Ella Balinska and Shana Feste on their feminist horror movie Run Sweetheart Run

On the surface, Run Sweetheart Run is a cat-and-mouse horror film about a young woman, Cherie (Ella Balinska), running for her life. Seriously, Balinska runs a lot. The actress became so engrossed in sprinting that writer/director Shana Feste asked Balinska to slow down during takes because the camera department could not keep up. The amount of running will catch your eye, but the film’s portrayal of an intelligent woman fighting back against the patriarchy will grab your attention.

Cherie is a single mother in law school who works at a law firm to make ends meet. Cherie agrees to go on a date with her boss’s client, Ethan (Pilou Asbæk), a charming businessman. After a lovely night, Cherie agrees to one final drink at the client’s home, but the date suddenly becomes a nightmare after Ethan violently attacks her. This leads Cherie on a fast-paced adventure throughout one night in Los Angeles as the bloodthirsty Ethan methodically hunts her at every turn. Based on events in Feste’s life, the film becomes a champion for female empowerment and depicts a woman’s battle with the misogynistic forces trying to tear her down.

In an interview with Digital Trends, Balinska and Feste discuss the importance of a Black female protagonist, the harrowing relationship between Cherie and Ethan, and the balance between social commentary and horror.

Shana Feste talks with Ella Balinska on the steps of an alter in a scene from Run Sweetheart Run.Director SHANA FESTE and ELLA BALINSKA on the set of RUN SWEETHEART RUN Photo: Courtesy of Prime Video
 © Amazon Content Services LLC

Note: This interview has been edited for length and clarity. 

The film premiered at Sundance almost three years ago. It was supposed to come out in the spring of 2020. The pandemic began, and it was pulled from its release date. Now it’s finally going to be seen by audiences everywhere. Can you describe your emotions knowing that this three-year journey is coming to fruition?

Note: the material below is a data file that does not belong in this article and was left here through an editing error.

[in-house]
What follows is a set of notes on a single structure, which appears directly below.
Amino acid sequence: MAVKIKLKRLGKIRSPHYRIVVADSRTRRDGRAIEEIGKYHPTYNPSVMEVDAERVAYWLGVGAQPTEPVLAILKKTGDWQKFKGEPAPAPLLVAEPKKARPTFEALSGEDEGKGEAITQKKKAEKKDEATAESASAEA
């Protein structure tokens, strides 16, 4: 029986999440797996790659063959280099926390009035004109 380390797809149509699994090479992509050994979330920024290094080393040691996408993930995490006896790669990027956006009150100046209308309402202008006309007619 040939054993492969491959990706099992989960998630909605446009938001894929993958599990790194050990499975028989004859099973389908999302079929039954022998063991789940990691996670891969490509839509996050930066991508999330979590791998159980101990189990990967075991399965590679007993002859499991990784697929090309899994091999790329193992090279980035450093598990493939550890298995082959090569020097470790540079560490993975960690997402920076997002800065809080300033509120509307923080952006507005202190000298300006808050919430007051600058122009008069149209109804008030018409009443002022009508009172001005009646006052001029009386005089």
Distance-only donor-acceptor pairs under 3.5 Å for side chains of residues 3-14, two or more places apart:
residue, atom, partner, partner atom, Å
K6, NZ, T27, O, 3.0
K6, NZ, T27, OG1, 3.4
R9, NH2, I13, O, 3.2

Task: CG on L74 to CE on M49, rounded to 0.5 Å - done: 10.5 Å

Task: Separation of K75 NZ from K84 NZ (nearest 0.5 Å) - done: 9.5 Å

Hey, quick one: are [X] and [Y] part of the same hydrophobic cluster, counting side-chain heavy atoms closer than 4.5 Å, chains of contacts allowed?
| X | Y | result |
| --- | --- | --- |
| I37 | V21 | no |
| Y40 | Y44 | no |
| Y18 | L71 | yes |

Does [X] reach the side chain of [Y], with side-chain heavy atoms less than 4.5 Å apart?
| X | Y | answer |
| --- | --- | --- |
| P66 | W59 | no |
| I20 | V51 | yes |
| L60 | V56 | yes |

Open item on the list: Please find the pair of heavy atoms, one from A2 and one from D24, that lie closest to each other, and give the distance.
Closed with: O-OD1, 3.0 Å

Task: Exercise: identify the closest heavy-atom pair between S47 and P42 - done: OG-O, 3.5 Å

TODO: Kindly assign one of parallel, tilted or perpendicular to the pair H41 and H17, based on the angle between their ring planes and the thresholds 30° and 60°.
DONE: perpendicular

Ella Balinska: I could speak for ages on this, but I think the word is “finally.” It’s really great for it to be coming out. The themes in this film that was so relevant back in 2019 are still relevant now. I also would love to add that it is so nice to be able to finally shake the last of this character. [Laughs] It’s a nice bit of closure.

Shana Feste: It’s a mix of like “finally,” and how tired I am. I told Ella the other day, “I think this is the longest relationship I’ve ever had with an actor in my mind.” Like, we’re still in it. We were shooting this last year. We were doing a reshoot last year that we never expected to do. But, I’m just incredibly grateful that it’s finally going to see the light of day because that was the worst for any filmmaker releasing a movie at the height of the pandemic. We were all just so lost and scared and wondering if our work would ever be seen. For Amazon to be supporting and putting it out like this, I’m very grateful.